My friend Miyako, who I see as a quilting expert, asked me to join her and a few people to make jelly roll race quilts. Me!? Sure, why not? I’m no pro at sewing, but I definitely prefer quilts over making clothes. And with her being extremely talented in the art of quilt making it would be a great opportunity for me to learn something new.
Ellie was very eager to do her own sewing project. I’m a pretty beginner sewer myself, so I wanted to pick a first project that was really easy, but something she’d be excited about. The pillowcase ended up being the perfect project! It’s something she can use every night.
I hate throwing fabric away. It seems like such a waste. But sometimes it’s hard to figure out how to use random scraps for anything worthwhile. That’s why I have two quilt projects started that are completely from fabric scraps. I just haven’t found the motivation to complete them yet. Recently I made my daughter a skirt for her hula dance class. With the leftover fabric she requested I make her bag. “Can you make me a bag for my hula stuff?” It was the best idea and I had the perfect amount of fabric left. For the lining of the bag I was able to use leftover fabric from the yukata project I did for the kids, too. I already had interfacing, so the only thing I needed was belting material for the handles. Yes! I was so excited to use up scrap material.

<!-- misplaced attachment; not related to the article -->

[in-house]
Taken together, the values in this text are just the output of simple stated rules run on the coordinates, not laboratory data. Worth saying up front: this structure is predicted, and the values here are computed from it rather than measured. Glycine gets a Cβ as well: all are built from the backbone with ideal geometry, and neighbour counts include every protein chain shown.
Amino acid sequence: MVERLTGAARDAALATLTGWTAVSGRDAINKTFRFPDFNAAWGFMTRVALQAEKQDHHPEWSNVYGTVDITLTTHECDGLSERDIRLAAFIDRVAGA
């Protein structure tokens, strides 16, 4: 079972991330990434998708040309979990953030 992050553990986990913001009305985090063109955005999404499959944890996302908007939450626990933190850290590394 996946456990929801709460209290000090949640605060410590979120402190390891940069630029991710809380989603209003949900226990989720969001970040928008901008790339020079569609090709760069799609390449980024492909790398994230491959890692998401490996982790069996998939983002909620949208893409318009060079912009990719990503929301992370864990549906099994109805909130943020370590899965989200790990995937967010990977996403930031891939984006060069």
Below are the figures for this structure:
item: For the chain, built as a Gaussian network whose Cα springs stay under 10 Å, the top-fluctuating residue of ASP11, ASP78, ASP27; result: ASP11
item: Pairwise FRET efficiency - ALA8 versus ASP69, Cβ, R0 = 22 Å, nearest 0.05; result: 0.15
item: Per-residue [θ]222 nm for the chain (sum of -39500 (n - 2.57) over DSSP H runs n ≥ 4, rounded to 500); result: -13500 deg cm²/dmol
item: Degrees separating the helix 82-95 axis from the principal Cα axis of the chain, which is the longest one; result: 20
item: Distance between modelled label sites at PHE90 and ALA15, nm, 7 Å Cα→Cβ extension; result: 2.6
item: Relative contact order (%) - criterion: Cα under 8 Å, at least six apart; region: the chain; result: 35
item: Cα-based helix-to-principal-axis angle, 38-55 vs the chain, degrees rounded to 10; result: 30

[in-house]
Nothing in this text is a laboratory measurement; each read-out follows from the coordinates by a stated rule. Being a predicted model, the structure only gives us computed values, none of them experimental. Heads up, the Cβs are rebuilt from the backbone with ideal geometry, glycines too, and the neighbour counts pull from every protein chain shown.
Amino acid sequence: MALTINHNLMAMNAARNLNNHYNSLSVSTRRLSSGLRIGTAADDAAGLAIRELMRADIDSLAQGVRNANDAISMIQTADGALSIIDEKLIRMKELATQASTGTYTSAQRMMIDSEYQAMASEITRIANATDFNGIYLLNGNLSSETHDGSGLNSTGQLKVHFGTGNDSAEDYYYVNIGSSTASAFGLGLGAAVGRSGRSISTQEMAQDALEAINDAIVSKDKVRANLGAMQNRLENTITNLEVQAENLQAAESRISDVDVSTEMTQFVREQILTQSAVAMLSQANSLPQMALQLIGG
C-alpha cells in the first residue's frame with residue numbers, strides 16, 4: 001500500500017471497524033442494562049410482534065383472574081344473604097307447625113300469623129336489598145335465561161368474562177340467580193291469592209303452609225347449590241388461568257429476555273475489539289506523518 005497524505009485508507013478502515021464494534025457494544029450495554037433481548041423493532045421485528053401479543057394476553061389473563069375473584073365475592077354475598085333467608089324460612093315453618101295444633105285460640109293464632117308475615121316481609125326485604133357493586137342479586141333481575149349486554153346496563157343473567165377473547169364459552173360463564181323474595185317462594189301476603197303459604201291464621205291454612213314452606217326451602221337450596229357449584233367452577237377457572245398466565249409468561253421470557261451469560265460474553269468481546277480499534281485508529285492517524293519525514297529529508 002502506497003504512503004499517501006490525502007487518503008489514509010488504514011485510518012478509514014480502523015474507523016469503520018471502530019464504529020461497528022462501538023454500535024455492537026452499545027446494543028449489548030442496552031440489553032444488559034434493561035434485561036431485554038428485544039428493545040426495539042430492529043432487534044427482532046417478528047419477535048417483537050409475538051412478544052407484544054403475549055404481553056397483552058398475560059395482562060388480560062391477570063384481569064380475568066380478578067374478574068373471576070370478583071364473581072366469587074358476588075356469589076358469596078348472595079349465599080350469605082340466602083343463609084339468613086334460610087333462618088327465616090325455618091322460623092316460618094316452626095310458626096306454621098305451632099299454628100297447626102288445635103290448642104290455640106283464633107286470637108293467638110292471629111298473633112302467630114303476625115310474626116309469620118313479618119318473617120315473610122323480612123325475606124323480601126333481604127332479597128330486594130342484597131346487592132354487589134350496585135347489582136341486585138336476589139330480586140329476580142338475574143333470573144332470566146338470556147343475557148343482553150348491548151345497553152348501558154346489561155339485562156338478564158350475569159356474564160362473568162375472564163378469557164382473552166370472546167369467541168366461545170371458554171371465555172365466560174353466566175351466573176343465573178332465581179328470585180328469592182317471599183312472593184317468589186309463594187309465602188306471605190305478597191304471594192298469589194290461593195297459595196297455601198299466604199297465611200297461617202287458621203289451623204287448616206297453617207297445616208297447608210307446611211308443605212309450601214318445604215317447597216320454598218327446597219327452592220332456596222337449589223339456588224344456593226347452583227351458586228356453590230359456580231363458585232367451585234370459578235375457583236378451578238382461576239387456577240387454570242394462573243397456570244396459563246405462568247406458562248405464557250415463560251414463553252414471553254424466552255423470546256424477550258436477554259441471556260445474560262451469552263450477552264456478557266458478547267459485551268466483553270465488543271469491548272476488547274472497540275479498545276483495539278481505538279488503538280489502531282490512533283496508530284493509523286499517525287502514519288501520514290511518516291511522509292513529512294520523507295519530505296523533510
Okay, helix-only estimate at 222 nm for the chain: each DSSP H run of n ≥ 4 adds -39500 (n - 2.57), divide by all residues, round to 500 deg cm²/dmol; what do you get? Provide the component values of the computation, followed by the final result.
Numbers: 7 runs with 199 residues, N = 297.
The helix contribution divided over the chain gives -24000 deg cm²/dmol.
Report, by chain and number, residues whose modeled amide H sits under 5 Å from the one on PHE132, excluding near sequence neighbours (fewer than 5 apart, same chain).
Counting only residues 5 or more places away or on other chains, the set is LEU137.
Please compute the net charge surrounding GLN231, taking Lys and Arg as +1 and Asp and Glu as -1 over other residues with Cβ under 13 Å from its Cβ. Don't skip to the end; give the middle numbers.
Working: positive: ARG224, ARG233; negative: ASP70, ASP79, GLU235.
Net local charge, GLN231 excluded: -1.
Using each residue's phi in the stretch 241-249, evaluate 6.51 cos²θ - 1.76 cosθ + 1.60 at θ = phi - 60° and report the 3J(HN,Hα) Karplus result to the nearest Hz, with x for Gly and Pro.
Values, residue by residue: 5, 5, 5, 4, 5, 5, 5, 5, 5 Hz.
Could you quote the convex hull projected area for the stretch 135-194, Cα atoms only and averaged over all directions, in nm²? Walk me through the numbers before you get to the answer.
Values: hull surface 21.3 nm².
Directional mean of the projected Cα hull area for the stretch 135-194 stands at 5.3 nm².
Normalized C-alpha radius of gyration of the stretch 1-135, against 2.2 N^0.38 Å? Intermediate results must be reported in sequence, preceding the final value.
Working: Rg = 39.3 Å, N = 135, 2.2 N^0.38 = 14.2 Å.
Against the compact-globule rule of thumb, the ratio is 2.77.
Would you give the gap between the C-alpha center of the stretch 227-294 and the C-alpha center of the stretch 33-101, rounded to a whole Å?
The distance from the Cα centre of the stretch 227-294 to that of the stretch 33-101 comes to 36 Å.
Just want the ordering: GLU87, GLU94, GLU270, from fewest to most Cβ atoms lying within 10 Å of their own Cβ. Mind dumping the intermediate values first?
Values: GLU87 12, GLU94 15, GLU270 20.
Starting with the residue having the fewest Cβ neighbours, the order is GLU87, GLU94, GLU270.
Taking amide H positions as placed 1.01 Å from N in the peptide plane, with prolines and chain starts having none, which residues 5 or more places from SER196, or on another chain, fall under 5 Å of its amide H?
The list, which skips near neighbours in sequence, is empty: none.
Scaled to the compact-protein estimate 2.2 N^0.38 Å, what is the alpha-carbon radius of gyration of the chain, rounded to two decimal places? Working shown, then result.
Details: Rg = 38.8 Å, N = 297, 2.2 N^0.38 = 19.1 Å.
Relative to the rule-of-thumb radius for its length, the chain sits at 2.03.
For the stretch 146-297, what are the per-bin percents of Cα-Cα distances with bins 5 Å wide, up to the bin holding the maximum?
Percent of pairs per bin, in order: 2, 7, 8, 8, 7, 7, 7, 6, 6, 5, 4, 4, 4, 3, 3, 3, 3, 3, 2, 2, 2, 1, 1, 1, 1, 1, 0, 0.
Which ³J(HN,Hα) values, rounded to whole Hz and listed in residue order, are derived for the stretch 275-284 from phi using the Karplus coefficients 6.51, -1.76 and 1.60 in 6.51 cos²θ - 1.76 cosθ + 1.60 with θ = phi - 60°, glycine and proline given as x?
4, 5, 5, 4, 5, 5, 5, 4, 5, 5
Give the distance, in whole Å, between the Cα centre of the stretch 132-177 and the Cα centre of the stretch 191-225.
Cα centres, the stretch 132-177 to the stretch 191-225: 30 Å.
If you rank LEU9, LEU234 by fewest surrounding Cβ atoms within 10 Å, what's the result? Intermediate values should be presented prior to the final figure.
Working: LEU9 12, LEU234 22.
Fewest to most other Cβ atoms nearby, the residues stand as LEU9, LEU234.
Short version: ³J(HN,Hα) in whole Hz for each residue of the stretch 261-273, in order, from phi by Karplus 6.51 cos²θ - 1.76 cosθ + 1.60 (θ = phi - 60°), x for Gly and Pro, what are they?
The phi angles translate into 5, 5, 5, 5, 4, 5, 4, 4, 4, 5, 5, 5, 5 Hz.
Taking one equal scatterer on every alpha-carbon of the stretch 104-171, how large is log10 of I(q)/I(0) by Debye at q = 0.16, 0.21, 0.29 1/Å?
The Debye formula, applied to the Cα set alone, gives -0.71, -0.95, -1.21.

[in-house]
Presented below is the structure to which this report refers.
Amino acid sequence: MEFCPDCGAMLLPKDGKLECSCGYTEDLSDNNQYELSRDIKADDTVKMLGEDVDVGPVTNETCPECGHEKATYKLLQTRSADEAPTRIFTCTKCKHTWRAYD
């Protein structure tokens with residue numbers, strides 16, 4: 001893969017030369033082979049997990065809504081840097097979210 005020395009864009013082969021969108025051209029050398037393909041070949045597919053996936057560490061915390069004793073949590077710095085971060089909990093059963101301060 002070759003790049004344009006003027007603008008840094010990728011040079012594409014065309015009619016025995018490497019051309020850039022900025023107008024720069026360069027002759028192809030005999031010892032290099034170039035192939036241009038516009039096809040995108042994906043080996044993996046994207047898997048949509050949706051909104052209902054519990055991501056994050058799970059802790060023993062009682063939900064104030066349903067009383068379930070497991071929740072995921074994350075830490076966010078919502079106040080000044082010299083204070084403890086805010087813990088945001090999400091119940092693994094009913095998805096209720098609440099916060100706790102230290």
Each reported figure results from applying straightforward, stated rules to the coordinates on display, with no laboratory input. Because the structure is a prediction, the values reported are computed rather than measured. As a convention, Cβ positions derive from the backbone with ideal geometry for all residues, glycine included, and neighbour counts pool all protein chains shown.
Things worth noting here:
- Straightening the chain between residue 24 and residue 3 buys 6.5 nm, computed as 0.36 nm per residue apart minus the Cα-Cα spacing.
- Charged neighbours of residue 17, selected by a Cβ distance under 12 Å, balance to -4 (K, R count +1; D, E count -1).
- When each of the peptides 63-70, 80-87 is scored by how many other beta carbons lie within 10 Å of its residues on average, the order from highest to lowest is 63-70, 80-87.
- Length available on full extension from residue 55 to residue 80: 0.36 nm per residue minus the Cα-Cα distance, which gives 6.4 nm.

Chloe started taking a hula class after school this year. Having a skirt is not a requirement, but most of the kids want one. I could just buy one, but a bunch of other parents made one and it seemed like it would be very easy. She’s already in her third session of the class, and after patiently waiting, I finally was able to make Chloe her pa’u skirt!
The kids go to a Japanese immersion school as their primary school. In addition to learning the Japanese language, they also get to participate in cultural events. One of those events is called, “aki matsuri,”or Fall Festival. For half the day, we convert the school into different games popular in Japan during these festivals. At the end of the games, the kids parade around the school with decorative floats, chanting, and dancing. One thing that is very common for people to wear at the fall festival is a yukata. I’ve been told it’s like a casual kimono. The girls really wanted to wear one, but even after all of our trips to Japan, we had never bought them one. The basic garment is constructed similarly to a bathrobe. It looked simple enough, so I decided to make them one. I mean, I made an Elsa dress for Halloween before, I could handle this, right? In the end, I was right. But getting there, that was the tricky part.